In You Will Love What You Have Killed (Biblioasis), the debut novel from Quebec author Kevin Lambert, past wrongs are not forgotten, and life-long debts are paid with blood.
In Lambert's fictional rendering of Chicoutimi, Quebec, there are no shortage of strange characters: the old man who is convinced he's already died, the witch who gathers storm clouds against her enemies, the grandfather who fashions slippers out of the recently-departed family dog. When children in the town begin dying violent deaths, however, one man (coincidentally also named Kevin Lambert) always seems to be close to the tragedy. Unbeknownst to the adults of Chicoutimi, their small victims don't feel much like resting in the ground. Rising from their graves to attend school, grow, and mature, they keep a watchful eye on the adults that live among them, biding their time until they can unleash an earth-razing campaign of revenge.
Translated from the French by Donald Winkler, You Will Love What You Have Killed is a deliciously twisted and blackly humorous tale of vengeance that cements Lambert as a powerful and wholly unique new voice in Canadian literature.
We're very excited to present an excerpt from the novel on Open Book today.
Excerpt from You Will Love What You Have Killed by Kevin Lambert:
MACHINES MURDER CHILDHOOD
Kevin is on his way back to the Rue des Tourterelles aboard his deafening monster, speeding through Des Oiseaux: the machine’s metal squeals loudly when the snowplow passes over a hole in the frozen asphalt. He’s well into his twenties but looks sixteen, he reminds you of those teenagers on television sitcoms played by actors who are much too old, you tell them to drop their pants below their bums, put their hats on backwards, you give them skateboards so they seem to have come “right out of high school.” You can sense Kevin’s hairless chest under the jacket he’s wearing in the truck’s heated cab, it feels like a furnace in there, but he’s kept his toque on to free his face from his long blond hair. Before starting work he lights a cigarette, looks at the big pile of snow he has to clear, an iceberg in the middle of the street, it’s dangerous, it will block the road when people are leaving for work or coming through the traffic circle. Kevin doesn’t know that in a few minutes little Sylvie, buried there, will be torn to pieces by the blower’s sharp-edged screw, turning over mechanically on itself, gobbling everything in its path. Sylvie is buried in the snow and it’s a real shame: children do not always have the wisdom to respect even simple instructions. Even if she knows she lives at 2008 Rue des Tourterelles, that her right hand is on the right, her left on the left, that she’s lefthanded and that in her grandmother’s time left-handed people were shut up in cages beside the road and left there to be eaten by horrible black crows, that you mustn’t take candies from strangers, not say “Marie noire” three times in front of the mirror, that you have to listen to Viviane when she tells you to go to bed, that you must never tell the truth on the internet, even on the game sites where you’ve made a friend, because this friend is certainly an old man who wants to do all sorts of things to you that you can’t talk about at school, even if Sylvie knows all that, excited as she is by the snowfall, she may have forgotten that you must never tunnel into a snowbank.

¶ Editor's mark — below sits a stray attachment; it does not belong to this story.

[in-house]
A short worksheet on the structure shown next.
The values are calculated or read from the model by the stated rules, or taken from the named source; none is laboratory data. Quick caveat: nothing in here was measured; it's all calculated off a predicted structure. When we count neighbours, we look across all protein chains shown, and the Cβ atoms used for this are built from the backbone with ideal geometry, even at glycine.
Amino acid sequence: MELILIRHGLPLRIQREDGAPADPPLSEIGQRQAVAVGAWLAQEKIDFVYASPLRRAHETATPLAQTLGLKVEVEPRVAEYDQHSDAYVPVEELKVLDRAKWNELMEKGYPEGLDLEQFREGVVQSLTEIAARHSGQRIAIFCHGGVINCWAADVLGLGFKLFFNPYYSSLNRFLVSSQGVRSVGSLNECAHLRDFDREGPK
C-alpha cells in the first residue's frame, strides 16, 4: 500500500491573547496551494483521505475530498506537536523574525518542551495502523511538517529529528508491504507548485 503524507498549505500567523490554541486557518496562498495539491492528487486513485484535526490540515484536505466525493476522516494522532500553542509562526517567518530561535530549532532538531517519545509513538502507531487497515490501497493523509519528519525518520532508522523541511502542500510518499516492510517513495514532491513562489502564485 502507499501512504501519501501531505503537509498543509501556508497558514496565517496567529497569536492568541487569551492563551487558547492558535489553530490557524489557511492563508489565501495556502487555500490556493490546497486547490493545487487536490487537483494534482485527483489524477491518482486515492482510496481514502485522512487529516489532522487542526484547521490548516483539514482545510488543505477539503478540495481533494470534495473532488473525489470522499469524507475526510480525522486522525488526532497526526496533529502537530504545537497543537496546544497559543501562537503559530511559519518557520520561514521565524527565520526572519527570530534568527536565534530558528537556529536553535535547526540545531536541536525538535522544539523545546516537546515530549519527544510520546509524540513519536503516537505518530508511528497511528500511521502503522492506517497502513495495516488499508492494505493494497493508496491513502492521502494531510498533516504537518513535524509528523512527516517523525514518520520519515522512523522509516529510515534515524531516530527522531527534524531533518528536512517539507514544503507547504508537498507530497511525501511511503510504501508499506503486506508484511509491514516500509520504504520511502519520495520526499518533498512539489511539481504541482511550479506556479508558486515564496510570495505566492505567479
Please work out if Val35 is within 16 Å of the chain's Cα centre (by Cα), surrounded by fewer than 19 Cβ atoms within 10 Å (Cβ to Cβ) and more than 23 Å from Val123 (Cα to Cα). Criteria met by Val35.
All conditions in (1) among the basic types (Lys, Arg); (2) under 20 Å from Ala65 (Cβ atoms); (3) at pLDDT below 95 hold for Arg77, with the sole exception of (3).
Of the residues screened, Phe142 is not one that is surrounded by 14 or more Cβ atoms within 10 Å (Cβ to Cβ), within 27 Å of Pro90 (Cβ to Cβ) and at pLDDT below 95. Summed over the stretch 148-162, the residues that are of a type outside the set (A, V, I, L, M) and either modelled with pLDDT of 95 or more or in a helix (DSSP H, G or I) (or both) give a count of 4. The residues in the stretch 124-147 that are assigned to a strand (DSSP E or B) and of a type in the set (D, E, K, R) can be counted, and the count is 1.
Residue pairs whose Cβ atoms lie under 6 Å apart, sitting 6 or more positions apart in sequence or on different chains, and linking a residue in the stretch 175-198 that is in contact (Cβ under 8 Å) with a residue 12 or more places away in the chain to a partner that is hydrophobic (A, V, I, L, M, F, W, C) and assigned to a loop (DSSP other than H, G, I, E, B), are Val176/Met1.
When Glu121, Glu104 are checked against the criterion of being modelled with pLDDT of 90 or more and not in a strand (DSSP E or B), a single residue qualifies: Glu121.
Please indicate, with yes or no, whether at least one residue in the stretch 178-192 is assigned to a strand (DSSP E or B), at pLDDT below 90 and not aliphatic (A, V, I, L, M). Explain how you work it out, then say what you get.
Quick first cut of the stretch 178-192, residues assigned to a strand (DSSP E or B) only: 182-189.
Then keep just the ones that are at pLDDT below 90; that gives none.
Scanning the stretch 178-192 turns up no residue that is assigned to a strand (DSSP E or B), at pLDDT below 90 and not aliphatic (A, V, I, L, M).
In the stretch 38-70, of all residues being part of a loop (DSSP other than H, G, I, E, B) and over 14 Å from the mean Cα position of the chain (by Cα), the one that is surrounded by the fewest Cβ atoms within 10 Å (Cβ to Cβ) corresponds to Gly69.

Sylvie’s tunnel is exquisite. She’s dug it right at the bottom of the pile, and it goes in deep. Her idea was to cross through it from one side to the other. But her architectural skills are limited, and it collapses as soon as she enters it. Sylvie is trapped, stunned by the weight of the snow dropping so heavily onto her little body that’s cocooned in a thick snowsuit. She tries to move, but she can’t, she cries with her little voice, snow is weighing on her mouth, her nose, her eyes, her entire body, it’s cold, she turns on one side then the other, she tries to dig herself a path, push away a bit of snow, she manages to find a little hole for her face where she can breathe without swallowing ice. She is able to cry a little bit louder, but around the traffic circle nothing can be heard but the low-pitched growling of the snow blower. The packed snow smothers the little high-pitched sound Sylvie is making. Her hands are trapped under her body, her thumb is twisted inside her mitten, she tries to turn her head, she tries with all her strength to move her feet, but the snow is too heavy.